One such is his work for the United States Postal Service. In 1962, Sickles did the art for the Battle of Shiloh commemorative stamp. Notice the economy of line (click on the image to enlarge). It's really a simple stamp -- just one soldier in combat. We can't see his face, and it's not clear which side he's on. This one soldier represents the over 109,000 men who were involved in the struggle.

Sickles wanted to emulate combat sketches of the period. While he captures the essence of a hastily drawn image by an eyewitness, it still has a contemporary look. The stamp successfully combines the styles of two centuries -- appropriate for such a commemorative.

Scorchy Smith wasn't a fluke -- almost everything Sickles drew professionally worked on multiple levels. If you're interested in illustrative art at all, "Scorchy Smith and the Art of Noel Sickles" is a worthy investment. - Ralph

Friday, September 18, 2009

The CE Classical Challange

I've written a lot about classical music programming on public radio stations.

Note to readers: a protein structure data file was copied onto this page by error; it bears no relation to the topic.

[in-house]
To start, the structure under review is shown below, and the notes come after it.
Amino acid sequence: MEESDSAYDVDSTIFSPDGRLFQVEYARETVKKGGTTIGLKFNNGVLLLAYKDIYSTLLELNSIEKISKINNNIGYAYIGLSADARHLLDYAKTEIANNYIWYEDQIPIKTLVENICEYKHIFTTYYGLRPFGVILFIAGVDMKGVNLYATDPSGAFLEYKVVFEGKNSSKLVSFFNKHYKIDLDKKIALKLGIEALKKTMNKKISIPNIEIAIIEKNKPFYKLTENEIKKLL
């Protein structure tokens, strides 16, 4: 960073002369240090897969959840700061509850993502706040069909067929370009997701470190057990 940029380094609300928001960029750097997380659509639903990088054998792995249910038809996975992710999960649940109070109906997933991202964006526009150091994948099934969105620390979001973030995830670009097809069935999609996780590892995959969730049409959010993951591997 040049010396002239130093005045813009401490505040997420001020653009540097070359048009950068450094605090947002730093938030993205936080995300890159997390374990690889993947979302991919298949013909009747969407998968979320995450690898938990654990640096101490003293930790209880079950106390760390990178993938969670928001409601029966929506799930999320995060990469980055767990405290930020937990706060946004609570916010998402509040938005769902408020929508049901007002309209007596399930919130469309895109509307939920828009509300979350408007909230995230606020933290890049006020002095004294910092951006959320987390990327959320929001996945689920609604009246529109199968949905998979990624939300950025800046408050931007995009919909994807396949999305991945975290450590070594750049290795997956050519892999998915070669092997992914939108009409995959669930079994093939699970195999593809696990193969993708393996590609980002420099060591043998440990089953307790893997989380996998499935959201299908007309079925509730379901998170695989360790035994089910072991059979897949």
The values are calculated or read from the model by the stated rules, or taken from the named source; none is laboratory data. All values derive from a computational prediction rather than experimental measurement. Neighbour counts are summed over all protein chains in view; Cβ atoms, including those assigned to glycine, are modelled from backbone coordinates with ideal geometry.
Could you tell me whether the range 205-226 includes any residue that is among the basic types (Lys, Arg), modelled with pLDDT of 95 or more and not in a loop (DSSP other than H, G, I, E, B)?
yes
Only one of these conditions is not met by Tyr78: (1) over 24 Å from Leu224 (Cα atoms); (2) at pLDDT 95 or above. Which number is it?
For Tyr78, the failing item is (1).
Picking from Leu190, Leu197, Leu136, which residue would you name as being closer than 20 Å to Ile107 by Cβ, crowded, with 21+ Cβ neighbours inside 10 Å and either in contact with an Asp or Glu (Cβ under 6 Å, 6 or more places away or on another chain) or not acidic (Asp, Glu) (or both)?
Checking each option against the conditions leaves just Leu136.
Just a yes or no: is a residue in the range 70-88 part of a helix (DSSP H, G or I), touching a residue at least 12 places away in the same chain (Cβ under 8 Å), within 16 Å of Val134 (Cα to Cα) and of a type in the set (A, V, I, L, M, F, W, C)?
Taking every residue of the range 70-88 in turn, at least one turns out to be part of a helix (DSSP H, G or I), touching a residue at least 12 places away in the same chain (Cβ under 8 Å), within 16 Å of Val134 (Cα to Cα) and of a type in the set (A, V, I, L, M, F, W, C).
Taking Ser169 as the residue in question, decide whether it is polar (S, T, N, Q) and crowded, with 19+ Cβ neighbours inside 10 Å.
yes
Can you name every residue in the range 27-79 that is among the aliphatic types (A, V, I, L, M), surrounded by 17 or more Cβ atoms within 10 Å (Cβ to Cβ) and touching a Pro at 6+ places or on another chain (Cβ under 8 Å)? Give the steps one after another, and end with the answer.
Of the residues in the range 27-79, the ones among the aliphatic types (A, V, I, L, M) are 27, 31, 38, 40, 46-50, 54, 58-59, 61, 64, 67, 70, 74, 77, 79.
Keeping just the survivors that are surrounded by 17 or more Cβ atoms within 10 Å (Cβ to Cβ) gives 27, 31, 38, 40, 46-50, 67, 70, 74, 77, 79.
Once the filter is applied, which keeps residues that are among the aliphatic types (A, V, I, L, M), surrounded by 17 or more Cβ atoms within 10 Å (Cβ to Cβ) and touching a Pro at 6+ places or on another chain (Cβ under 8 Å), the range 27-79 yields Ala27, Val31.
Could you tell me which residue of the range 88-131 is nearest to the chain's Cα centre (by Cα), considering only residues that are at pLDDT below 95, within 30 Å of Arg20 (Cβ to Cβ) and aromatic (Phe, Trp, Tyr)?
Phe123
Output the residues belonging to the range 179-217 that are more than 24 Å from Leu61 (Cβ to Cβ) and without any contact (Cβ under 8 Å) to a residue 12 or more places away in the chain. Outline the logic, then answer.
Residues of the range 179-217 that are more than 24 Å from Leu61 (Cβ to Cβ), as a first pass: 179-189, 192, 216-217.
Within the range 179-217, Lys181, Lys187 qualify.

Recently, one of my Twitter colleagues challenged some of my assumptions. He gently pointed out that not every station only plays European orchestral music written 350-100 years ago (and also provided some examples).

Fair enough.

So I've decided to do a somewhat scientific survey of what stations are playing. Ideally, I'd like to look at playlists for an entire month from each station airing classical music, cross reference each work, and do some serious number-crunching.

The reality is, though, that I'll be doing this survey in my spare time, so the scope will be much more limited. So the results won't be definitive, but I think they'll be representative.

Each week I'll take a different station's posted classical playlist for the day. I'll be looking at several factors: style periods, composer demographic, musical forces. Here's the breakdown:

Style Period (dates are approximate)
- Medieval (up to 1300)
- Renaissance (1300 to 1600)